Training Flaws Found for Pipeline Workers

Friday, July 11, 2014 @ 05:07 PM gHale

PG&E discovered flaws in the training for hundreds of employees who fuse together plastic pipes used to deliver natural gas to customers.

“The natural gas system is still safe,” said Sumeet Singh, PG&E vice president of asset knowledge management. “We do not consider this to be a safety concern. We do a proof test, pressure tests, on all the pipes that are fused together.”

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San Francisco-based PG&E notified its principal regulator, the state Public Utilities Commission (PUC), and cities that it serves about the flaws in the training and qualification for employees. This is the latest stumble for the utility as it faces the prospect of a big fine and new criminal charges over a fatal explosion in San Bruno in 2010.

Employees who are responsible for heat fusion of plastic pipes must take a test to become qualified. Then about a year after that, the employees must take a second set of tests to requalify them for the pipe fusion. The utility learned the second portion of the requalification testing did not always occur.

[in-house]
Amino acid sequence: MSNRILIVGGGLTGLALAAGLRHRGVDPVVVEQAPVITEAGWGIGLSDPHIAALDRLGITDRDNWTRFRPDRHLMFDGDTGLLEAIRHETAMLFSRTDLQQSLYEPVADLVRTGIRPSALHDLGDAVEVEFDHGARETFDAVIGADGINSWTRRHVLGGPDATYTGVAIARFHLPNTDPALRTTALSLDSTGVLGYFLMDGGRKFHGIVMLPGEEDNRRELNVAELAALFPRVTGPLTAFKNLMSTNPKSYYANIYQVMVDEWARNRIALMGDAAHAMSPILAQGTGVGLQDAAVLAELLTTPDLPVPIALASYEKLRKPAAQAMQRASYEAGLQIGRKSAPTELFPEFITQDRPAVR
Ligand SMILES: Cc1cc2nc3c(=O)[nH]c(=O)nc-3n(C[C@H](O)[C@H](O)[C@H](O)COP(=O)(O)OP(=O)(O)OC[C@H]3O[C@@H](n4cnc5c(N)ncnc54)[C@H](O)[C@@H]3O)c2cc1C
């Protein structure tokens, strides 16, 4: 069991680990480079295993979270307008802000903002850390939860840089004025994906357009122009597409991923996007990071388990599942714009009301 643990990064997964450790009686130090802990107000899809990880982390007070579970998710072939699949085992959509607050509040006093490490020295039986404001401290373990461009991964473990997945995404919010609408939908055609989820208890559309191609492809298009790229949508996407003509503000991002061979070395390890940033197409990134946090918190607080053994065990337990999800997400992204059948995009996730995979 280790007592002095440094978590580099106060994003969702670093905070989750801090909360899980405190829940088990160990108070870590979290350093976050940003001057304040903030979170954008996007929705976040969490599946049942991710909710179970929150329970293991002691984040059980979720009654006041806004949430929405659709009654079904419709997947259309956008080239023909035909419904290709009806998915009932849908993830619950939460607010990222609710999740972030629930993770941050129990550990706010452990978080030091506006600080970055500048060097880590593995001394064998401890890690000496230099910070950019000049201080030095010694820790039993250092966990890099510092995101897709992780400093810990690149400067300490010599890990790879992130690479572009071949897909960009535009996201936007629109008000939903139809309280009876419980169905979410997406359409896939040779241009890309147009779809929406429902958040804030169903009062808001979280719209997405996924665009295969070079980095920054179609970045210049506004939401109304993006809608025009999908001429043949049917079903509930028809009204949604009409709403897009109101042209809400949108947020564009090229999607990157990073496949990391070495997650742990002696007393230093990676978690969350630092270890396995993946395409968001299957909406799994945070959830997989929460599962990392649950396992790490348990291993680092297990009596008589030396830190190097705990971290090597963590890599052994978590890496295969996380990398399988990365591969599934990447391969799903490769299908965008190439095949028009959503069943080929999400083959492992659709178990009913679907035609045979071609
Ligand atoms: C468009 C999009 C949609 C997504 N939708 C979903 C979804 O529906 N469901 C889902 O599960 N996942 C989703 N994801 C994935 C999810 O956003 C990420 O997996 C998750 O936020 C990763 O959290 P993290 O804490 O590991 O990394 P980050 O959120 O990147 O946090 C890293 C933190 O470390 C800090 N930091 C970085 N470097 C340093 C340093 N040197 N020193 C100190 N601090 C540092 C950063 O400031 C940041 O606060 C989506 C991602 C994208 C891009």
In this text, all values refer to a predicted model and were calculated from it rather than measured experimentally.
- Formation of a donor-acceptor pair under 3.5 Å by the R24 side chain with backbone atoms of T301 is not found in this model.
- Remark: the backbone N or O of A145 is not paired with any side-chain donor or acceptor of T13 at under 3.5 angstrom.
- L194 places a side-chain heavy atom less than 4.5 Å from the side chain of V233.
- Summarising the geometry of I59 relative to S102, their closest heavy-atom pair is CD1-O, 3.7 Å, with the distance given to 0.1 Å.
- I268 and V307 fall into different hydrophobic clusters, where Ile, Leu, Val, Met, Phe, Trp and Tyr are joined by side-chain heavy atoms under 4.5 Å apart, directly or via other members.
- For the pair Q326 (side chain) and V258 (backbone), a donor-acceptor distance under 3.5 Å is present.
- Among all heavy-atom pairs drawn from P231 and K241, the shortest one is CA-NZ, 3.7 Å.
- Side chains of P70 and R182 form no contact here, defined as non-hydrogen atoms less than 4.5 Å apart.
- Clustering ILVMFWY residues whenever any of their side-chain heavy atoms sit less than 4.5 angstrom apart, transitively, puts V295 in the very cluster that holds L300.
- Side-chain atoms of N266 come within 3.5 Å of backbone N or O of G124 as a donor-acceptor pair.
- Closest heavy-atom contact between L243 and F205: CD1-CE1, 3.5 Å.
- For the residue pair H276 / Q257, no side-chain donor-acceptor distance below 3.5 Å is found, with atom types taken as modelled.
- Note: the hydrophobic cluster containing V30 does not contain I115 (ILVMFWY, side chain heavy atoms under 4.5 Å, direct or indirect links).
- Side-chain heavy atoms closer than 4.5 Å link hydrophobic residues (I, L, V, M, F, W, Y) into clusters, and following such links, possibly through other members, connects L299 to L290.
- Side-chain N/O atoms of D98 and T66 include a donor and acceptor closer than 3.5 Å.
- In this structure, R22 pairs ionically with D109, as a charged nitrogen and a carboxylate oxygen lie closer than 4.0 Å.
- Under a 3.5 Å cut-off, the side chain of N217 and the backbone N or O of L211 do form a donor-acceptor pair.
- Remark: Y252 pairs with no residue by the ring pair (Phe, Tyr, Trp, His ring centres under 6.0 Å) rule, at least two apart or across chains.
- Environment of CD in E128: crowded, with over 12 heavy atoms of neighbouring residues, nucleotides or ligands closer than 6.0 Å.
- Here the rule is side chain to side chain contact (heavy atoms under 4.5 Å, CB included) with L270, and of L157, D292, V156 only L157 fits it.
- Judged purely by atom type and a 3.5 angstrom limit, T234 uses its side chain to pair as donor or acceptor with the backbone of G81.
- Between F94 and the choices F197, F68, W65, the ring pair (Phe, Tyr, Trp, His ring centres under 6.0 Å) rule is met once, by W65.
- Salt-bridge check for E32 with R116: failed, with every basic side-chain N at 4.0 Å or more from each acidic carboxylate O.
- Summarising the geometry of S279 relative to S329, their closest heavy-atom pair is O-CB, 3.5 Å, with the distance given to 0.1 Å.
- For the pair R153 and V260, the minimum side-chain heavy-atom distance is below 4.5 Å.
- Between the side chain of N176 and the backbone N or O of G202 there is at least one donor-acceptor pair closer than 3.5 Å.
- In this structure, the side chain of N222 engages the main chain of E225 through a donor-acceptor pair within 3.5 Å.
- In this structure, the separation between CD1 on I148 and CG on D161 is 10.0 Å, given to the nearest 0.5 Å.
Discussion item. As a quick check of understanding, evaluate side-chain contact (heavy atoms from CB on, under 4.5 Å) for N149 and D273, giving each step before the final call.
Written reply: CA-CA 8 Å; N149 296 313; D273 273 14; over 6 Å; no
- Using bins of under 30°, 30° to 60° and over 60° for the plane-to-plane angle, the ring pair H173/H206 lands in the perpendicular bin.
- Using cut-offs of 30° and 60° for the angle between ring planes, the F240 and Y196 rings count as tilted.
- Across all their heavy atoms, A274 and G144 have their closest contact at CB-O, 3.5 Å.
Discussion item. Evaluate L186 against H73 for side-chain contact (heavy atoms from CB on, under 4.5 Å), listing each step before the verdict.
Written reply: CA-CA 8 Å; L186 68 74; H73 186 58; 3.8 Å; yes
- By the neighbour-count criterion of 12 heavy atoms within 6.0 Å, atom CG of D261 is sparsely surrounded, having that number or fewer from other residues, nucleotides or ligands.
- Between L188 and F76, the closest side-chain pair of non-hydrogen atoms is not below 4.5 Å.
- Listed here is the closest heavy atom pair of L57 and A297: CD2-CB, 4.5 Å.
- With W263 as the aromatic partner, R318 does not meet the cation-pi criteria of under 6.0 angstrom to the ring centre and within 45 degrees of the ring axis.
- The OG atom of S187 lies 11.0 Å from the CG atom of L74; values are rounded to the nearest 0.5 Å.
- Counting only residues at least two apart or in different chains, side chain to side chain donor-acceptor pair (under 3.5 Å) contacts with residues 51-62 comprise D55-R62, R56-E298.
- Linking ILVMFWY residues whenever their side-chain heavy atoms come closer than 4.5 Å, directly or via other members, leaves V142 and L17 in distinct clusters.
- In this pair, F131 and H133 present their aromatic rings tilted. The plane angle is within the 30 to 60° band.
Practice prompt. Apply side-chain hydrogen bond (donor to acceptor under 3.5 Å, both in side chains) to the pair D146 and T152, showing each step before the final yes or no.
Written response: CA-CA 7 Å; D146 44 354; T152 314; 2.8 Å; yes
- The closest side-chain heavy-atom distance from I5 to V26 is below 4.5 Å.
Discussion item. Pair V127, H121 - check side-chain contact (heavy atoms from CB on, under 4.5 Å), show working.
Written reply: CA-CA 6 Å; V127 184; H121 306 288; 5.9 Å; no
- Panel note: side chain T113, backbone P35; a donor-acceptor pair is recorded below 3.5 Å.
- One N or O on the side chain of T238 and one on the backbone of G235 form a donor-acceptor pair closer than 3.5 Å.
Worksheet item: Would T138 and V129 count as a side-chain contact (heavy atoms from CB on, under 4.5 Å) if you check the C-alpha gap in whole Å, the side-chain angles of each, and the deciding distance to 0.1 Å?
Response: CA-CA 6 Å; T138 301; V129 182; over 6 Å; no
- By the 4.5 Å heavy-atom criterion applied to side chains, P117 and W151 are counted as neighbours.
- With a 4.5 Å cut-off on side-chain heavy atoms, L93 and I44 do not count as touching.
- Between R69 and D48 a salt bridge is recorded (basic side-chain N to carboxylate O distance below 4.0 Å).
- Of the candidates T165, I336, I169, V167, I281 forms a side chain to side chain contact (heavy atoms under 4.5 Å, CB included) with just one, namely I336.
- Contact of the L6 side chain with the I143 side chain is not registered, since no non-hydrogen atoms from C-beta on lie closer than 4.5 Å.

PG&E isn’t sure for how long it has been conducting the flawed requalification tests, but Singh said the problem “goes back several years.”

The utility said it has halted heat fusion work until employees complete the requalification session. About 1,400 workers are a part of that process, Singh said. PG&E said it routinely uses heat fusion in its gas distribution system.

“This includes new construction, repairs and pipe upgrades,” PG&E said in the letter to the PUC and officials of cities served by the utility’s natural gas system.

In 2010, a San Bruno neighborhood suffered a blast from a gas pipeline explosion that killed eight people, injured 66 and destroyed 38 homes.

PG&E faces a fine of up to $2 billion as its punishment for the explosion and also must contend with a federal criminal prosecution and felony charges resulting from the disaster. Investigators blamed the explosion on shoddy maintenance, flawed record-keeping and lax regulatory oversight.



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